A new report by the Psychological Professions Network Alliance sets out how the psychological professions can contribute to the current ambition to expand mental health services as part of the Five Year Forward View for Mental Health implementation plan: https://www.england.nhs.uk/wp-content/uploads/2016/07/fyfv-mh.pdf . This plan describes a trajectory to 2021 for expanding a range of mental health services including those for children and young people, services providing early intervention in psychosis, and talking therapies for adults with common mental health conditions.
Health Education England have produced a national workforce plan to complement this, which maps the need for 21,000 additional mental health posts to be created by 2021 to deliver each of the expansion areas. https://www.hee.nhs.uk/sites/default/files/documents/Stepping%20forward%20to%20202021%20-%20The%20mental%20health%20workforce%20plan%20for%20england.pdf
The Psychological Professions Network Alliance report, titled “Delivering the Expansion in the Psychological Professions” complements the national workforce plan by:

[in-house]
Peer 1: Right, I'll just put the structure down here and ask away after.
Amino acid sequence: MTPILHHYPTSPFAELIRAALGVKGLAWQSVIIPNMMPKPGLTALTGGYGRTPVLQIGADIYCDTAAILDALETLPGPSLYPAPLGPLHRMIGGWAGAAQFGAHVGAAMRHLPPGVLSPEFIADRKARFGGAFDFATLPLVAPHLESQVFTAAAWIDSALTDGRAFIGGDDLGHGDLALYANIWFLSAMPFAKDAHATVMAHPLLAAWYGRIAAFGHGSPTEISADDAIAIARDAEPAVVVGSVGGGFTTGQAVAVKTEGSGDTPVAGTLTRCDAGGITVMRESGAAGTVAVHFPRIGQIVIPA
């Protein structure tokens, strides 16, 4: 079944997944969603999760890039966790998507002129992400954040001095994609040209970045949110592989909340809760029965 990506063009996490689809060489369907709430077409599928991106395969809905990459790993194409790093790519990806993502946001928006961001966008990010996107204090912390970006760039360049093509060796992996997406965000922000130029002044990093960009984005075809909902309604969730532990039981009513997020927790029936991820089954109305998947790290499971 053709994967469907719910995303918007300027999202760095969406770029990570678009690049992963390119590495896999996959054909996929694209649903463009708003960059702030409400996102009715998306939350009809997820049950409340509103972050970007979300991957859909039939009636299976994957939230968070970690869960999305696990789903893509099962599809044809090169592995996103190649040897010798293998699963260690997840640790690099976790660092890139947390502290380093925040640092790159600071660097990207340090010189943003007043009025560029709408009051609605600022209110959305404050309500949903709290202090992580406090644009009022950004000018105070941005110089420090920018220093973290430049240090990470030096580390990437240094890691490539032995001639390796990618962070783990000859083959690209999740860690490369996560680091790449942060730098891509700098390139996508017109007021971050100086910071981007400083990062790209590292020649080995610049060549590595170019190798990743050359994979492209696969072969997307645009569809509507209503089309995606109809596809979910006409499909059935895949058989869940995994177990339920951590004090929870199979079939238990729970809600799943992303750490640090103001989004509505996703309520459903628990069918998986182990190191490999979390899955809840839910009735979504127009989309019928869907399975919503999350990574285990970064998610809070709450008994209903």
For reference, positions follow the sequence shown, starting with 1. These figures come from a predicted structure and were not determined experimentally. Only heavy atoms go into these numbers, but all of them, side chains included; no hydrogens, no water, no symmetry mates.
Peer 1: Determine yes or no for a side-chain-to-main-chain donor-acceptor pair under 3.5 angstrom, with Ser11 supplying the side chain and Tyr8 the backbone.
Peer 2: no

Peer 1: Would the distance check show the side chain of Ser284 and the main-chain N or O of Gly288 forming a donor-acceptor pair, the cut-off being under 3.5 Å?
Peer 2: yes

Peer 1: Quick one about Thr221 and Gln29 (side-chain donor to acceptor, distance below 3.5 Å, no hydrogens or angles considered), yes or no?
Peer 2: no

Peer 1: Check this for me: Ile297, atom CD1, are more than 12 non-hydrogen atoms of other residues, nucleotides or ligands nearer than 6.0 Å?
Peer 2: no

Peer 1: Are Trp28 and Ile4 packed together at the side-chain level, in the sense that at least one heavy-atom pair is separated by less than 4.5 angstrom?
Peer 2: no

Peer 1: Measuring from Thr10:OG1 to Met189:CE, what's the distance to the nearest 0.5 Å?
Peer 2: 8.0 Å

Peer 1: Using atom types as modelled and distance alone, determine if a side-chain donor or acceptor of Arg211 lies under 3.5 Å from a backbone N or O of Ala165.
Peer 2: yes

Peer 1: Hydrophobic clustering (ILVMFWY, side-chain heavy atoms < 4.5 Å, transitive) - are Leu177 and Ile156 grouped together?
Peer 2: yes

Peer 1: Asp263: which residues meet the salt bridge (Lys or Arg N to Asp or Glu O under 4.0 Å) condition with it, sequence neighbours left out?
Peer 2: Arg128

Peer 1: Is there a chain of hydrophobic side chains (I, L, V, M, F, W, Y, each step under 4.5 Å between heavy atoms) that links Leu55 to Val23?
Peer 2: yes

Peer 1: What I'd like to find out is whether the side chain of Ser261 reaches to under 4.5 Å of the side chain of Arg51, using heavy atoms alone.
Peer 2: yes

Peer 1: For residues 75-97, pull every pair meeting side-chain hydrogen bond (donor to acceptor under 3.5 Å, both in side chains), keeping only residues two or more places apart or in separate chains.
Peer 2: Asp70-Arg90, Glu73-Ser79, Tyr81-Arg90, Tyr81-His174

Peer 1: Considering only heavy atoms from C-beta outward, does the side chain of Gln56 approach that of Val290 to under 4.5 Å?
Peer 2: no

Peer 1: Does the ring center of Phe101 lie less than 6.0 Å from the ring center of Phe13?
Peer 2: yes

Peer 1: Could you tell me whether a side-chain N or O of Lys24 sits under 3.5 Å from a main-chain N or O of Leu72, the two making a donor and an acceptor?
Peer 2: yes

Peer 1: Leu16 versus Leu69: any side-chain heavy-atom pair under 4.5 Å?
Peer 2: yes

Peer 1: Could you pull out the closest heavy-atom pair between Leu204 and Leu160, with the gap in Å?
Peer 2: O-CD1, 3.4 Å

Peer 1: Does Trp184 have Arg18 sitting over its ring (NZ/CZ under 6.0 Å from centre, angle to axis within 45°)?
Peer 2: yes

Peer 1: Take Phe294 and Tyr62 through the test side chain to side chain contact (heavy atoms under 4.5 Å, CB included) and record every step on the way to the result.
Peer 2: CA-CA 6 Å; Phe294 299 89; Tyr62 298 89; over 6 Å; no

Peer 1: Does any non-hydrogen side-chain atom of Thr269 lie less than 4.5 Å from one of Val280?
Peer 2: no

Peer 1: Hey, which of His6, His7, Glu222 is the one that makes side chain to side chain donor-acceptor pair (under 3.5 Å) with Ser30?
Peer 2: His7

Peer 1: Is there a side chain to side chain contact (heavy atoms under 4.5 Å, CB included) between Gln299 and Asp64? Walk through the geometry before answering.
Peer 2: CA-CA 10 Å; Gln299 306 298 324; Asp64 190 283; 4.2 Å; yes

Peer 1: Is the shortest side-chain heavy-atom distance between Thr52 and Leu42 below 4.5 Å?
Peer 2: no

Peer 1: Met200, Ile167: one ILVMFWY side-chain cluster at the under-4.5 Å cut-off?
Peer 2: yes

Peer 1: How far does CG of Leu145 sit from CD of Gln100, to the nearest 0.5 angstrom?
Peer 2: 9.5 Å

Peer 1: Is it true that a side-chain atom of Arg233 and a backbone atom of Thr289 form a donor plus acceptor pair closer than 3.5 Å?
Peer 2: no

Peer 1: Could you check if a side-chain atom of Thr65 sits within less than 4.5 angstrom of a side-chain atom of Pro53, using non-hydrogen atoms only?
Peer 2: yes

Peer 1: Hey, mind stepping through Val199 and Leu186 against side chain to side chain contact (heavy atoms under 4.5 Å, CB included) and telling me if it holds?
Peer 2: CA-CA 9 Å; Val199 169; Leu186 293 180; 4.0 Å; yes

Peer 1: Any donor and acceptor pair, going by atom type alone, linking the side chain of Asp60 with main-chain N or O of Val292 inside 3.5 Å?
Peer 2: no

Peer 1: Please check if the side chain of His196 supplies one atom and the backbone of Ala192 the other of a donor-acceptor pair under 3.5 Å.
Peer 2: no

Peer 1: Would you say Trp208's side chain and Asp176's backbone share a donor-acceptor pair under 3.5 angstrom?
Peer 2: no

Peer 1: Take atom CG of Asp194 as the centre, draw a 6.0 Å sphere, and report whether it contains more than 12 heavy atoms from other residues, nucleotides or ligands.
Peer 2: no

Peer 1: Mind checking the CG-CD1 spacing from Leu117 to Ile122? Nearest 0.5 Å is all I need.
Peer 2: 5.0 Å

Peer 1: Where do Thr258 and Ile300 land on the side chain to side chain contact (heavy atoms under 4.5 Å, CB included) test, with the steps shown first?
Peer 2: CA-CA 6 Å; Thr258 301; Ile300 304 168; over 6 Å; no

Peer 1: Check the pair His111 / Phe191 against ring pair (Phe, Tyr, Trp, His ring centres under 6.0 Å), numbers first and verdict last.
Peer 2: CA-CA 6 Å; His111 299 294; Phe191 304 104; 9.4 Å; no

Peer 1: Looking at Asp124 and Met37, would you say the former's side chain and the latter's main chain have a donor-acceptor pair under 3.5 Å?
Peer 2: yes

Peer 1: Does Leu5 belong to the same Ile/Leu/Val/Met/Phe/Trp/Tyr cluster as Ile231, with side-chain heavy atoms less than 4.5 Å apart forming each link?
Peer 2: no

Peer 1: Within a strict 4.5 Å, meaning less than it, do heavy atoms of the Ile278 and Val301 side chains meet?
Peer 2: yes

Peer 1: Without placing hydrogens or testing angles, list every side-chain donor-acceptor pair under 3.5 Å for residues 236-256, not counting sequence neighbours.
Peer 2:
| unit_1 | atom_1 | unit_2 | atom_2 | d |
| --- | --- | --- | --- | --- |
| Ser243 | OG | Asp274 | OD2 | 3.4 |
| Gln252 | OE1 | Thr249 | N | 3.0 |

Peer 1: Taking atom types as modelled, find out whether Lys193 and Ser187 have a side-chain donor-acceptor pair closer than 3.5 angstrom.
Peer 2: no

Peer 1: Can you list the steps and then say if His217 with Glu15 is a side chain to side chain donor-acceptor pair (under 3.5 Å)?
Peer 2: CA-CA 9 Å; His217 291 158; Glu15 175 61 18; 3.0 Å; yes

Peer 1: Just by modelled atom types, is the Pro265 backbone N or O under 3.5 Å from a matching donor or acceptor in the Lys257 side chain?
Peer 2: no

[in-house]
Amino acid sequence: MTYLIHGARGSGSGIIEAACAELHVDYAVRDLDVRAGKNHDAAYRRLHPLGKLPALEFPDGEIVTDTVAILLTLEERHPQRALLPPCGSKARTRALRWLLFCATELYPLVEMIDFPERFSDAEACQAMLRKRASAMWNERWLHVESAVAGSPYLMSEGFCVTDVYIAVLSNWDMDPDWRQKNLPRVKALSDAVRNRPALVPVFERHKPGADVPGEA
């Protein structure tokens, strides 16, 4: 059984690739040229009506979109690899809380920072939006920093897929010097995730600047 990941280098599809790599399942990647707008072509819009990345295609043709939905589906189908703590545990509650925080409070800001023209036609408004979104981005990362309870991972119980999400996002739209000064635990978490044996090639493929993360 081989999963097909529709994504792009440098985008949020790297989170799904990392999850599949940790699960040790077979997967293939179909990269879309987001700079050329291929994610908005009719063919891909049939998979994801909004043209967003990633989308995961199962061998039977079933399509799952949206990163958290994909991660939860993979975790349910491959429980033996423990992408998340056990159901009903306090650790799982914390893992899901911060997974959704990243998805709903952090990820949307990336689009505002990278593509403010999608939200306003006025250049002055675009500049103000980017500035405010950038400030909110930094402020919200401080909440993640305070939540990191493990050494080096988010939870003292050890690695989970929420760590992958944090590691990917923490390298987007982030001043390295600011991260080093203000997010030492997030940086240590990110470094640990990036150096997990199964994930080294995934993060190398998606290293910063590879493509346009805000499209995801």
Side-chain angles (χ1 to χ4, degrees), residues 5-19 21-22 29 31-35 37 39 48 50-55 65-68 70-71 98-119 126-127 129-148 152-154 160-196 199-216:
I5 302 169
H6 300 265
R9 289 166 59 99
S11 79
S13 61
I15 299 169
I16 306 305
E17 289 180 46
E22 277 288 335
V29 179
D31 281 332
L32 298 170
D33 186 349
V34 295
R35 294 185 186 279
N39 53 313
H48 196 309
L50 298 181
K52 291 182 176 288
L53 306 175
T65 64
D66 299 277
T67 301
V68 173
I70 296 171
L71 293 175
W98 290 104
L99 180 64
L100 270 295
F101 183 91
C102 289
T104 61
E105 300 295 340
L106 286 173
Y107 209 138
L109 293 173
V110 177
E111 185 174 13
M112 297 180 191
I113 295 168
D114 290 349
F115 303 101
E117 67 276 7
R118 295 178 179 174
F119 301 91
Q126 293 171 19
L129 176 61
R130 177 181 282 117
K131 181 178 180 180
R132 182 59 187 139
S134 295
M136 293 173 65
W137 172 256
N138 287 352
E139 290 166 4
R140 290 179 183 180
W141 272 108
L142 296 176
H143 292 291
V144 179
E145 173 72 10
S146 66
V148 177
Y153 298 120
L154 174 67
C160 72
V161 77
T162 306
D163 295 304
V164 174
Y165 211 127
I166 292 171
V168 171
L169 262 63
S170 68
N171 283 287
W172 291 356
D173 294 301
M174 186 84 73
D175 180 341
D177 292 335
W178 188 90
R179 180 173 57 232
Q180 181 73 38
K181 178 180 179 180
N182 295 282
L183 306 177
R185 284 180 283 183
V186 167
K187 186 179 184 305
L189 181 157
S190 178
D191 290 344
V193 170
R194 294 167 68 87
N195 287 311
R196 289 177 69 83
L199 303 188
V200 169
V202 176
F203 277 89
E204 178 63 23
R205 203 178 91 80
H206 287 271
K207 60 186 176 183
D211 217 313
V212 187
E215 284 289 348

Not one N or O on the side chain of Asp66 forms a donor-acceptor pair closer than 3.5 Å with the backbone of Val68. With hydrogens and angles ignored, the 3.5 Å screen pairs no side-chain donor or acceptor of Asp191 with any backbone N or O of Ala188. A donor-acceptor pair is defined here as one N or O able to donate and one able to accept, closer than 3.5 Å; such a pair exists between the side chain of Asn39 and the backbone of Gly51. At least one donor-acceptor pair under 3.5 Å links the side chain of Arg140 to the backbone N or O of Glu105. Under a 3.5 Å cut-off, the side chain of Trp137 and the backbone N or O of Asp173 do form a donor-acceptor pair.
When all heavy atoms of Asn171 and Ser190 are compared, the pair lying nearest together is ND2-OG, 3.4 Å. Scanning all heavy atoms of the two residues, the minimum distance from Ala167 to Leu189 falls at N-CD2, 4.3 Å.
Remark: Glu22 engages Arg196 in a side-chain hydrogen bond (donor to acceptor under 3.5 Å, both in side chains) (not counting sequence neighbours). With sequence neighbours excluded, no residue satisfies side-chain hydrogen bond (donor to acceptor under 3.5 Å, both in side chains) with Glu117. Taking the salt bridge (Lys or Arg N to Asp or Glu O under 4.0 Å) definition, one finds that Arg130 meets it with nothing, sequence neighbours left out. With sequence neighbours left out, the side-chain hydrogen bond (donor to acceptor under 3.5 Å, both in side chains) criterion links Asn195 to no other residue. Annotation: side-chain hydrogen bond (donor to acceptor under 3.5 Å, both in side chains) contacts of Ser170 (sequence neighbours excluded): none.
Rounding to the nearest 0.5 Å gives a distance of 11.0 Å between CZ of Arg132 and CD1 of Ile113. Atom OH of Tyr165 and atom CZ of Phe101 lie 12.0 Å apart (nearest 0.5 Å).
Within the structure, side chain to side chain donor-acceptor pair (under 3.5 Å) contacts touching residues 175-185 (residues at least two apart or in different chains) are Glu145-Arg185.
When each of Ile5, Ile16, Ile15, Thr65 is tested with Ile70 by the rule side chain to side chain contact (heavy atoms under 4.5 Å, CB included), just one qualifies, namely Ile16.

- Outlining what the psychological professions are and what each of them does (including clinical psychologists, psychological therapists, psychological wellbeing practitioners, child psychotherapists and others)
- Describing the roles that the psychological professions need to play in this expanded workforce.
- Modelling the additional posts required and therefore additional training capacity needed to deliver the expansion ambition.
The report concludes that an additional 6,425 posts for psychological professionals will be required to achieve the expansion. This requires significant investment in training for new practitioners over the period to 2021.
This report is intended to be useful to service and education commissioners, sustainability and transformation partnerships and local workforce action boards to help them plan to meet the challenge of expansion, and to enable them to understand how psychological professions can play their part.
Helen Leigh-Phippard, Service User Consultant with the Psychological Professions Network: Kent, Surrey and Sussex said: “I lost so much of my life waiting for help. When I finally got it, it changed everything. It helped me so much: I stopped being hopeless and became hopeful again. Now better access to psychological therapies means many people don’t have to become so unwell and don’t have to wait so long but it’s vitally important that it continues to be available to as many people as possible, as soon as possible."
The Psychological Professions Network Alliance is a collaboration of regional networks sponsored by Health Education England to give voice to all psychological professions in workforce planning and to promote excellence in practice. Download the full report here